Kambakkht Ishq is a case of bling over substance, in this first directorial effort from Sabbir Khan who also developed the screenplay for this vacuous romance. Filmed largely in Los Angeles and featuring Universal Studios, Rodeo Drive and Hollywood Boulevard - it’s more about Bollywood’s love affair with Hollywood than any thing involving the yawn-inducing protagonists.
Viraj Shergill (Akshay Kumar) is a stuntman who succeeds in Hollywood. Bowing down to touch the feet of his guru - Sylvester Stallone, he accepts a stuntman of the year trophy at a gala function attended by the Hollywood now set. This moment is strategically placed not only to woo the feisty Simrita (Kareena Kapoor) but to offer viewers latent insight into Viraj’s otherwise nasty, chauvinistic character. Hey he can’t be all that bad; he has this ‘healthy’ respect for Sylvester Stallone and he clearly loves his mother because he mentioned her in his acceptance speech. This is as deep as it gets folks.
His sparring partner - supermodel - Simrita Rai - is almost equally superficial. She’s supposed to be a strong female character of the type Yash Raj has been showcasing lately, but surprise - she’s putty under the stony façade. There’s a bit of a back story about how she’s all messed up because of her parents’ broken marriage but nothing that gives her character heart or soul.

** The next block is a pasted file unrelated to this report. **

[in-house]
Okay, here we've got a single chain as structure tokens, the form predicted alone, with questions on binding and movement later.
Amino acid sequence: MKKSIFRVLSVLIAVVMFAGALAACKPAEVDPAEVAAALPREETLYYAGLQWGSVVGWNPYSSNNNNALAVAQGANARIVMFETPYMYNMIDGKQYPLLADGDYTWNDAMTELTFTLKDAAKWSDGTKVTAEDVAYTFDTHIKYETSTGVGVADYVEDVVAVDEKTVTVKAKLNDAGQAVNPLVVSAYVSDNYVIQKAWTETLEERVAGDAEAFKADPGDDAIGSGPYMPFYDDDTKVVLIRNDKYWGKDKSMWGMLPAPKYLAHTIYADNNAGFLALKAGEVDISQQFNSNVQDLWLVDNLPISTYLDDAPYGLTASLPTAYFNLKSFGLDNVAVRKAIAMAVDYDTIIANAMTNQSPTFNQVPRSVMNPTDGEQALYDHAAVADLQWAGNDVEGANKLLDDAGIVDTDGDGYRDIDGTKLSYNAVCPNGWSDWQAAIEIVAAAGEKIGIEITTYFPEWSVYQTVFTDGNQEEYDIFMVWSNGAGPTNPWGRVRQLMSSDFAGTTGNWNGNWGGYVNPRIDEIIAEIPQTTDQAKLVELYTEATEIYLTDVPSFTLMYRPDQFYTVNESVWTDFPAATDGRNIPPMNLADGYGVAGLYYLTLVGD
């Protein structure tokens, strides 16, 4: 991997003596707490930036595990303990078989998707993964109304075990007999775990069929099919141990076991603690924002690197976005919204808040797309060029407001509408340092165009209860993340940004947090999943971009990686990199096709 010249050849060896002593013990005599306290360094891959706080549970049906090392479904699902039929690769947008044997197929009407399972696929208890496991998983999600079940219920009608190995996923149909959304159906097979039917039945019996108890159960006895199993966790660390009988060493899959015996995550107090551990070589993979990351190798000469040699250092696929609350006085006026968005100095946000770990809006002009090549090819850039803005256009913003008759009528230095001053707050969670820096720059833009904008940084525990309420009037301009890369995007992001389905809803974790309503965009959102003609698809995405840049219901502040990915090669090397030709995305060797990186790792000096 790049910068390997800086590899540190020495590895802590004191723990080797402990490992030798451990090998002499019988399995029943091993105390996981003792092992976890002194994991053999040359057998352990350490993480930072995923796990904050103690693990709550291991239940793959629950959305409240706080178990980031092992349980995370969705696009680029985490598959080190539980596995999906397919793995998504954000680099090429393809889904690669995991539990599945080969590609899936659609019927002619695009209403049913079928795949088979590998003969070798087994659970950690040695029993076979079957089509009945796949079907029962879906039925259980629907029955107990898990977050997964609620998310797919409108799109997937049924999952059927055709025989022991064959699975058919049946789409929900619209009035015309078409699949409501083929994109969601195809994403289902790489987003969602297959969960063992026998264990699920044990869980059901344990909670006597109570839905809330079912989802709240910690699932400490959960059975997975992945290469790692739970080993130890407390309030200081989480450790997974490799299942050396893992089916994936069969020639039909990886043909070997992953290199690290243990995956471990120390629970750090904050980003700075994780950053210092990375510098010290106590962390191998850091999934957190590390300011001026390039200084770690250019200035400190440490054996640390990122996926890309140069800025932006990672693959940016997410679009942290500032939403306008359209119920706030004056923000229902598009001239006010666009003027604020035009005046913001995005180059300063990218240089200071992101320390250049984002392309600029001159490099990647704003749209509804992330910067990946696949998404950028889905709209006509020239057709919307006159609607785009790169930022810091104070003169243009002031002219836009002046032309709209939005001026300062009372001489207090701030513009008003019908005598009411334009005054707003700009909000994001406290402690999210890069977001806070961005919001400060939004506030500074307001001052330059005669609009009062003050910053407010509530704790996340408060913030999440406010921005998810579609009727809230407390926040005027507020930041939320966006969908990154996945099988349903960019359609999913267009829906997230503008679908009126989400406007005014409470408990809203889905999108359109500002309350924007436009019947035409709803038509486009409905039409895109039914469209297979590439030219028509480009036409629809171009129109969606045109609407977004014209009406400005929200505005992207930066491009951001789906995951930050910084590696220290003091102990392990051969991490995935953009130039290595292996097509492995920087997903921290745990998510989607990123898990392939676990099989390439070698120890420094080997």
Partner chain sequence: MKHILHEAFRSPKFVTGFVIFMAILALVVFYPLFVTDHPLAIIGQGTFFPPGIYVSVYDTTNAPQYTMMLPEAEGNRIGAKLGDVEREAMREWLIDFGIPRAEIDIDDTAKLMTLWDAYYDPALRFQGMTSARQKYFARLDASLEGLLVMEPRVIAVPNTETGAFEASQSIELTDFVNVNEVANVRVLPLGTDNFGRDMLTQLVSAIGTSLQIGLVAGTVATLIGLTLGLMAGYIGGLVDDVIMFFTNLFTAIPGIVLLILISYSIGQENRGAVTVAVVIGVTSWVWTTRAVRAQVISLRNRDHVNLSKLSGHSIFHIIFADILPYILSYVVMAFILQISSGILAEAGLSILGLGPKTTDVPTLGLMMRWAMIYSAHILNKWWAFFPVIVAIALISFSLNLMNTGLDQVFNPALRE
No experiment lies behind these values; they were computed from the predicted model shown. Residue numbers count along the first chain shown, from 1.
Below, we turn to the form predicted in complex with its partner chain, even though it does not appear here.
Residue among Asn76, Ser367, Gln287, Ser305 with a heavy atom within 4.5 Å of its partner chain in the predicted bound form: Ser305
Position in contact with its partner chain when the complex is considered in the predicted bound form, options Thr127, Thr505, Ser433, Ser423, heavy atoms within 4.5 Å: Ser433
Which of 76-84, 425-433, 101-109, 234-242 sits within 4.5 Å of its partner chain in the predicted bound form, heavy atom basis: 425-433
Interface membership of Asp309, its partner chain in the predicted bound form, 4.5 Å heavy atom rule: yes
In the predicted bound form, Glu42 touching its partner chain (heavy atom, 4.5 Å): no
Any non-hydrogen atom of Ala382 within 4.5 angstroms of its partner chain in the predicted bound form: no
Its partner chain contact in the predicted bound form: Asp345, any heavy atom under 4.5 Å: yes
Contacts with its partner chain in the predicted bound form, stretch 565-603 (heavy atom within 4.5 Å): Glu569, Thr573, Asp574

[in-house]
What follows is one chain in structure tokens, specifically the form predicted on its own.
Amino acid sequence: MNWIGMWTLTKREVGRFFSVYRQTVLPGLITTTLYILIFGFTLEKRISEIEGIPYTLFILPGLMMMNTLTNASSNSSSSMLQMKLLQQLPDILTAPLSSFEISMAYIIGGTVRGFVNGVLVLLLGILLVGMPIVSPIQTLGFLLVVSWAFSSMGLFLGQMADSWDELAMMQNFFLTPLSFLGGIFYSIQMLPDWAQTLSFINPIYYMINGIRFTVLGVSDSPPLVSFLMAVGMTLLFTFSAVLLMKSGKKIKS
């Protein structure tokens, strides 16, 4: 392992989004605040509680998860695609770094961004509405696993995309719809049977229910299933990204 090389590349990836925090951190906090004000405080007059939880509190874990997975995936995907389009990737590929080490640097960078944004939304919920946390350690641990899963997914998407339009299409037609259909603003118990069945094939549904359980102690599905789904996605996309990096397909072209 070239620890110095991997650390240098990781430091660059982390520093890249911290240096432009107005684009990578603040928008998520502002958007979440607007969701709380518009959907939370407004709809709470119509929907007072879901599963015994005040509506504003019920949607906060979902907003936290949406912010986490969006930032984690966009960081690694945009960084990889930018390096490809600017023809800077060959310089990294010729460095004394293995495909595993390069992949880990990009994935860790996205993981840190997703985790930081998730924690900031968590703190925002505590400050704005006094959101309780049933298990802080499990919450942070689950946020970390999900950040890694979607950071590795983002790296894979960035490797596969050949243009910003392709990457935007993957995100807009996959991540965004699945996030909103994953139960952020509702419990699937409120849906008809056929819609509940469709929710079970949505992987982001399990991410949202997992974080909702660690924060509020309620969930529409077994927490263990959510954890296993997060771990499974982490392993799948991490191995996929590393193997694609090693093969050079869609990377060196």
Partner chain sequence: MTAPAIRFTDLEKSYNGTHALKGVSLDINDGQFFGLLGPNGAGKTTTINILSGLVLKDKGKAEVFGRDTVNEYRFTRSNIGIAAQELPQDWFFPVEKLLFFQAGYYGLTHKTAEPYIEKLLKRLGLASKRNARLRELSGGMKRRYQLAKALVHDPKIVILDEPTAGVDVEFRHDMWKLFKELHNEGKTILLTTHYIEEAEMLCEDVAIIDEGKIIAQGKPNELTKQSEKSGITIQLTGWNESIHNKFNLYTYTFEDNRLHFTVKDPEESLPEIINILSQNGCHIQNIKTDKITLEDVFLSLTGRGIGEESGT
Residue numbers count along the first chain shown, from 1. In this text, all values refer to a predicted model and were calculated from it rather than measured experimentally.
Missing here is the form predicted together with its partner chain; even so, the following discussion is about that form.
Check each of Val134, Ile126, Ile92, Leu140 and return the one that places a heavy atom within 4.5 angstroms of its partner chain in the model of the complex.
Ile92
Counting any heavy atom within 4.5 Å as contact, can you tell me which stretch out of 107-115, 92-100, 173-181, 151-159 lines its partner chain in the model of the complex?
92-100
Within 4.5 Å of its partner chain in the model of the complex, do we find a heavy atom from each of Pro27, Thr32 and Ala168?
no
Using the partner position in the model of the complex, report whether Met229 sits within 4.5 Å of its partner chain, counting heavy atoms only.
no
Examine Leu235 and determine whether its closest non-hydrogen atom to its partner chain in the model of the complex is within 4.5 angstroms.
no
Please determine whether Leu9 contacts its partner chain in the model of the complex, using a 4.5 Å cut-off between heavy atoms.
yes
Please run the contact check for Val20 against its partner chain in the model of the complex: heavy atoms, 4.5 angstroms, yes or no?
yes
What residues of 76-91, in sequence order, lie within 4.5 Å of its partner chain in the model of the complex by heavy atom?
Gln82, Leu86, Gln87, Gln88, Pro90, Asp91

Lighten up - you might say - this is a comedy. Only if you think it’s funny. I smiled on two occasions: firstly - when Viraj was in hospital saying funny things (which sounded improvised) under the influence of an anesthetic and secondly (a smile of relief) when the end credits rolled.
The problem rests with the screenplay which sets up too many inane situations at the expense of proper character development. For example Simrita influences her simple friend Kamini (Amrita Arora) to abstain from having sex with her husband - supposedly to test whether he loves her or not… (How silly is that?) Or how about - “Give me just 7 days and I’ll make her fall for me” from Viraj as lead in to another “test”. Where it counts though, attitudes change in a blink with no real build up or explanation. Why do Simi and Viraj fall in love? There doesn’t seem to be any connection beyond the physical?
The only interest lies in the use of the mantra - Om Mangalam which issues from a musical charm bracelet given to Simi by her Aunt Dolly (Kiron Kher). The journey undertaken by the charm is more interesting than the life-journeys of all the characters put together. To explain in greater detail is to give too much away.
I read somewhere that the aim was to make a dubbed English version of the same film minus the songs. For me the musical interludes (Anu Malik) and choreography (Vaibhavi Merchant) served to strengthen an otherwise, hollow creation. It is regrettable that the acting talents of Kapoor, Kumar and Shivdasani have not found a worthier vehicle.